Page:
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Housing crisis - Essay Example

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The writer of the essay "Housing crisis" suggests that a mix of factors and groups of people such as homeowners, investors, government interference, misplaced incentives and lenders are held responsible for the collapse of the housing market in the US…
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Housing crisis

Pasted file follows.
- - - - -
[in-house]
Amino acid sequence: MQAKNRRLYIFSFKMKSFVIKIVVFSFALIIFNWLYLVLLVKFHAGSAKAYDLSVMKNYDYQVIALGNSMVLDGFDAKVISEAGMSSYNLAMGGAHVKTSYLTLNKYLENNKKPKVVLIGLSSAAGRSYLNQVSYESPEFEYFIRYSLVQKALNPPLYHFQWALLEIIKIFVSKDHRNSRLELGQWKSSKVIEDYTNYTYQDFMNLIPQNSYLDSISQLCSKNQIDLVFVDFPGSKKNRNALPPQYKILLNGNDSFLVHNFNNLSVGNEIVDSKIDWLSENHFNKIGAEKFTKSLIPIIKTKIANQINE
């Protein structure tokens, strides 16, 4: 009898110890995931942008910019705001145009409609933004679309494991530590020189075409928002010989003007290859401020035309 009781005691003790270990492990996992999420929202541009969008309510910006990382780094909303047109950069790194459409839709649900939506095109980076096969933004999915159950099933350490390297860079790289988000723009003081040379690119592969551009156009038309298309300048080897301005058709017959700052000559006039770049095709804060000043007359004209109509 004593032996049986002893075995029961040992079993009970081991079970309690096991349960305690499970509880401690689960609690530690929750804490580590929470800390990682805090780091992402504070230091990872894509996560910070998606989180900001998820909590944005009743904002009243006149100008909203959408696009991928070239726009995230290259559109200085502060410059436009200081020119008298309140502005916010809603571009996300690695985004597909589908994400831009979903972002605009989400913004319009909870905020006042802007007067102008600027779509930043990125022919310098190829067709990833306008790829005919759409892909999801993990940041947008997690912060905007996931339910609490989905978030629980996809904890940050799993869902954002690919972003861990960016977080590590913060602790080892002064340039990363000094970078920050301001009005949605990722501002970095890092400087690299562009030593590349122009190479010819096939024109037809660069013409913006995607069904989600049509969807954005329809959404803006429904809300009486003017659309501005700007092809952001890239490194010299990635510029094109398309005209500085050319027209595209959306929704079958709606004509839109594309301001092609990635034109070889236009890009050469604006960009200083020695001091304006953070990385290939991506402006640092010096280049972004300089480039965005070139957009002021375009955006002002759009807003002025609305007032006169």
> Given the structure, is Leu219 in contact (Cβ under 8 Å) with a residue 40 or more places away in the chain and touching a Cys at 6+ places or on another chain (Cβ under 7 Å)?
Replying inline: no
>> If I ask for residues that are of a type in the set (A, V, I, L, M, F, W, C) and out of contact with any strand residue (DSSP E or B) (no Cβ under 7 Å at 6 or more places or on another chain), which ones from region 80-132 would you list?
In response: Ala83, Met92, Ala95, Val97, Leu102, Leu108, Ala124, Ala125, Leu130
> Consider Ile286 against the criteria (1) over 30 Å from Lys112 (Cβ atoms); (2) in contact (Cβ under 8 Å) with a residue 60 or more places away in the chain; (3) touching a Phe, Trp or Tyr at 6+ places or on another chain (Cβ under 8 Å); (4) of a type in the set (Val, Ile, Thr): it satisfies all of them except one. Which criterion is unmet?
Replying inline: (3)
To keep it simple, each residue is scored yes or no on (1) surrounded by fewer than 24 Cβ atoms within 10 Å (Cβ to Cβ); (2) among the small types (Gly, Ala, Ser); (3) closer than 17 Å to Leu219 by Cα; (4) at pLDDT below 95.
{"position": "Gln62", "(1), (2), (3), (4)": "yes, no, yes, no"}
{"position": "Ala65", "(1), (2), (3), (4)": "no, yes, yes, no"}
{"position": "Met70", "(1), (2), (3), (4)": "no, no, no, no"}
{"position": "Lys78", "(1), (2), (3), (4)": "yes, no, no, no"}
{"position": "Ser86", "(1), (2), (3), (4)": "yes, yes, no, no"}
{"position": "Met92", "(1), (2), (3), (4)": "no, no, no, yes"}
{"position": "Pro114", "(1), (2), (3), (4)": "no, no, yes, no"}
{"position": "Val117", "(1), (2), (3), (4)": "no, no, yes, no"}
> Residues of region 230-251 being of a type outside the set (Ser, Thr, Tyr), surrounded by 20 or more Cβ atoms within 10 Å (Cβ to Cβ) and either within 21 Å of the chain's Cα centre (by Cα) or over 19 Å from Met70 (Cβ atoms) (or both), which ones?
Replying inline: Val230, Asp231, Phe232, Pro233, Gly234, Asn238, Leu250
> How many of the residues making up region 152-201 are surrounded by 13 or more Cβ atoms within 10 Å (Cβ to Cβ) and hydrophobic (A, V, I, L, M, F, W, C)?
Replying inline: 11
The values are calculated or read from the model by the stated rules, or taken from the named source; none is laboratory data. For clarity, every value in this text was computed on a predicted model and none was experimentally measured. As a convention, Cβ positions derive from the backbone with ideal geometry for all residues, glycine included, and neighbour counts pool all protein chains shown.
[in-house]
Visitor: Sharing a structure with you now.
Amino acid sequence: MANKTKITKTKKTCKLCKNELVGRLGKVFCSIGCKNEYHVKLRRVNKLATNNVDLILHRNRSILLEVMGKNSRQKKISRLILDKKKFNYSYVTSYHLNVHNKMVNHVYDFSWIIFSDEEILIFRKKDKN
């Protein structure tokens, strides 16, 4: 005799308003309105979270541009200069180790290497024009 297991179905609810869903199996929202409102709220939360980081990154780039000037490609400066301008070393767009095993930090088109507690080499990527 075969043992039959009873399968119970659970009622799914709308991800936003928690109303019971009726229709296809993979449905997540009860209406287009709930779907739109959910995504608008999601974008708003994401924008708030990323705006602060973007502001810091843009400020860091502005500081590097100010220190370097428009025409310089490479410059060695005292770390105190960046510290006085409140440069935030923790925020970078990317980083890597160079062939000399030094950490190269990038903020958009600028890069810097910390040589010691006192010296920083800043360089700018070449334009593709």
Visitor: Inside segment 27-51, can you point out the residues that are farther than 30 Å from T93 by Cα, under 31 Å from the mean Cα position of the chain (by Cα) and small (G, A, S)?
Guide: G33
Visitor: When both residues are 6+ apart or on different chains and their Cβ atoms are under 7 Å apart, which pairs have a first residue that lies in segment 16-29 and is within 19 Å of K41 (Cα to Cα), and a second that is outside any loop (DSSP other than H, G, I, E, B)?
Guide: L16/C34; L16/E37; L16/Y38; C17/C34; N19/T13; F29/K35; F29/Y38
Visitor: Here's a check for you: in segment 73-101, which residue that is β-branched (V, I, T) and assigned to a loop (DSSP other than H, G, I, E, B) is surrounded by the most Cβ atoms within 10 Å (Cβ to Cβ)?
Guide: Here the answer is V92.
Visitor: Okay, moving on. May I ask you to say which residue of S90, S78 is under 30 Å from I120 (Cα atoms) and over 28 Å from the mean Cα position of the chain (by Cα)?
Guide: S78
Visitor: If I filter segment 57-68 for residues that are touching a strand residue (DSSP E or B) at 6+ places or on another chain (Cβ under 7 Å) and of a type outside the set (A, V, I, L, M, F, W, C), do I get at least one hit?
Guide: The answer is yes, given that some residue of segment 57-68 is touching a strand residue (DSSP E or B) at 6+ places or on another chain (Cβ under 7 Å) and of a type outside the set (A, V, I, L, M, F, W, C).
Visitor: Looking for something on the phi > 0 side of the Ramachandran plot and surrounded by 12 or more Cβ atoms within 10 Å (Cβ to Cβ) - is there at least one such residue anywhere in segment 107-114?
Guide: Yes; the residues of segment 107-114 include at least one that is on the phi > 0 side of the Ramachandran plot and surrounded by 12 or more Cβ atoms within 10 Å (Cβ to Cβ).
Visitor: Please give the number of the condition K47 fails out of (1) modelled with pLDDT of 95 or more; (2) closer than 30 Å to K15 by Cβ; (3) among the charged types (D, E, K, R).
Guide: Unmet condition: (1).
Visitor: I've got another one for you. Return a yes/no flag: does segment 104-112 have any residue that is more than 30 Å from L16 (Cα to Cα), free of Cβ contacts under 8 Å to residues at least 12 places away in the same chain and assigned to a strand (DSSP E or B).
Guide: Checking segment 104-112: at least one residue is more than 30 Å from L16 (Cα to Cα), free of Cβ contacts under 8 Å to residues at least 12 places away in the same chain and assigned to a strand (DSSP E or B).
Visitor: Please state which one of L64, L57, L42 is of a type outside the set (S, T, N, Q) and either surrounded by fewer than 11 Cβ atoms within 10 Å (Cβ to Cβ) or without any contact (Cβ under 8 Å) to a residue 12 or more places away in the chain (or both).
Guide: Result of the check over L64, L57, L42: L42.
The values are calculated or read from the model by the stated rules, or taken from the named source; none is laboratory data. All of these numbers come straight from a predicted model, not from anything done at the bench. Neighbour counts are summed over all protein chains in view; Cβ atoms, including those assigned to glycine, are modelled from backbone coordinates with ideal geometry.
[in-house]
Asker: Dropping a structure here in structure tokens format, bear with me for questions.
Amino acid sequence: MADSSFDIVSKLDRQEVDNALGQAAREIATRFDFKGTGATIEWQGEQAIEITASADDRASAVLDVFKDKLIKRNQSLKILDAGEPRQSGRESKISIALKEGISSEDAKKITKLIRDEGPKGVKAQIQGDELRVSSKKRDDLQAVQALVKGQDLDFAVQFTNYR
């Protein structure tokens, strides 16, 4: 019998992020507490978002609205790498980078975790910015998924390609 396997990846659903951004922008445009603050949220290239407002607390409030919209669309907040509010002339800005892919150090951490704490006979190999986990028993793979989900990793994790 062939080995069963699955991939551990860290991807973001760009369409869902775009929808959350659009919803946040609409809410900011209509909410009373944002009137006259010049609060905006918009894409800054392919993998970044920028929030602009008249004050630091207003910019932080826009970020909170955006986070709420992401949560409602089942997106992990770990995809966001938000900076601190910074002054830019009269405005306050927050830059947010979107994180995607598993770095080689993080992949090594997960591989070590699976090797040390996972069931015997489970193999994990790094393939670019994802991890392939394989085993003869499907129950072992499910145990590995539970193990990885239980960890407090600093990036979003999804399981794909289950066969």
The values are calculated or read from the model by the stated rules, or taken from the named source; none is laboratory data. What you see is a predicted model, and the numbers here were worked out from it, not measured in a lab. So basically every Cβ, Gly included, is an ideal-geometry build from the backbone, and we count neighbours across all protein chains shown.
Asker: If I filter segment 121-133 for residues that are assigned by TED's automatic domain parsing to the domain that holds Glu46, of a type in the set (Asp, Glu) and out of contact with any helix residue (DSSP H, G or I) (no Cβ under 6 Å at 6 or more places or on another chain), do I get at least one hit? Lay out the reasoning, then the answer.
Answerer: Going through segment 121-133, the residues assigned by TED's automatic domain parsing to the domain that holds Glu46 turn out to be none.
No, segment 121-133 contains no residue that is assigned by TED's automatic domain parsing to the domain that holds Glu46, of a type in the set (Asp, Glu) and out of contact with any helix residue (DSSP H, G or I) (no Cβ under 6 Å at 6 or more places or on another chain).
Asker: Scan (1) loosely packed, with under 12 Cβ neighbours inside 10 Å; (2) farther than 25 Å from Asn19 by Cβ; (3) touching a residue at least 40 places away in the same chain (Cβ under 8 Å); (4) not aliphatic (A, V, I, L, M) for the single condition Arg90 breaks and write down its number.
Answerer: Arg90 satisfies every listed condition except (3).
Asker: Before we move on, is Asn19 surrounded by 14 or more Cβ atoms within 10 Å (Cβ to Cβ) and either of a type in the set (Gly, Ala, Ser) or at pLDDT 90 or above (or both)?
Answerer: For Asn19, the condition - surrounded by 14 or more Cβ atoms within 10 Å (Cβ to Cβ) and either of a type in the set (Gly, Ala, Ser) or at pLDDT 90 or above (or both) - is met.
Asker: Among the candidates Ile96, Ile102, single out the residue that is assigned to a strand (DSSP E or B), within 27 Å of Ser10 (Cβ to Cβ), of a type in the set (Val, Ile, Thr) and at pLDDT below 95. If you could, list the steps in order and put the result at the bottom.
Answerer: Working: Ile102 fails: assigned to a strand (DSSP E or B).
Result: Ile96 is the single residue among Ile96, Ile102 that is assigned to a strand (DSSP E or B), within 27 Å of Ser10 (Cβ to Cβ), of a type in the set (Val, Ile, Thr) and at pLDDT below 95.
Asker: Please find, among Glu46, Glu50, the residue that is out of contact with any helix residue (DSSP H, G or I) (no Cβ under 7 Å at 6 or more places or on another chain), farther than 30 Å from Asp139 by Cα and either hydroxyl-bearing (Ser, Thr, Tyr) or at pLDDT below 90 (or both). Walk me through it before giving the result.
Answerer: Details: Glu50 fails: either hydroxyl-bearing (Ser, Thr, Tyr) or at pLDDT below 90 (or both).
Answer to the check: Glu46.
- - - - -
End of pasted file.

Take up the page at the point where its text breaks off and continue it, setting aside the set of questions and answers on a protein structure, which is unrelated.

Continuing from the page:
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Download file to see previous pages Eventually, homeowners fell into foreclosure and delinquency. These mortgages failed to yield returns to lenders, making institutions reluctant to re-evaluate their assets that could dispose of their insolvency. Lack of institutions to purchase loans made the market to freeze making lenders to incur losses they could not absorb. The collapse of the housing market has been blamed on many participants such as potential homeowners, lenders, investors, hedge funds and government interference (Smith & Susan 126). Lenders are responsible for the housing bubble in the United States. They were responsible for lending funds to poor credit people with a great risk of default. The flooding of the market with capital liquidity by the central bank lowered the rate of interest and depressed risk premiums while investors sought opportunities that are risky in bolstering their returns for investment. Lenders at this point had adequate capital for lending and were willing to indulge in more risk to enable their realization of increased investment returns (Fried 11). Government The housing bubble started with the efforts of the government to expand homeownership to people. The legislation enacted by authorities required investors of government-backed mortgages such as Freddie Mac and Fannie Mae, to guarantee loans to people with poor or no credit and incapable of making down payments. This policy of the Federal Reserve enabled interest rates to maintain lower levels. This eventually made house investments more attractive. Increase in prices compelled mortgage banks to relax standards of lending further. This made prices for homes to increase until the housing bubble began (Smith & Susan 131). Homeowners Potential homebuyers viewed homeownership as a less risky investment. Incentives provided by lending institutions led to the issuance of subprime loans with varying interest rates to households with no or poor credit histories. With the increased demand for houses, prices rose and more homes built and availed in the market. They believed in price appreciation that would allow them to refinance at relatively lower rates. However, housing bubble erupted and prices reduced significantly. The rest of their mortgages made most of the homeowners incapable of refinancing their mortgages to lower rates since no equity was created as prices for houses fell. The homeowners decided to set their mortgage interests higher making them unaffordable. Most of them had no alternative than to default on mortgages (Fried 14). Investors are to blame for the collapse of housing market just as homeowners. This is because they invested in collateralized debt obligations (CDOs) and were willing to buy them at very low rates over bonds. The lower rates are responsible for the increased demand for subprime loans. Investors bear the blame for the housing bubble since it was their obligation to be diligent while investing and failed to make viable expectations (Fried 23). Banks The lenders increased use of the secondary mortgage market led to increased subprime loans originated by lenders. Instead of holding onto these mortgages in books, lenders sold their mortgages in the secondary market and collected fees that originated from these market. More capital for lending circulated all over eventually increasing liquidity. Demand for mortgages emerged from the availability of assets that accumulated to form securities such as CDOs. ...Download file to see next pagesRead More
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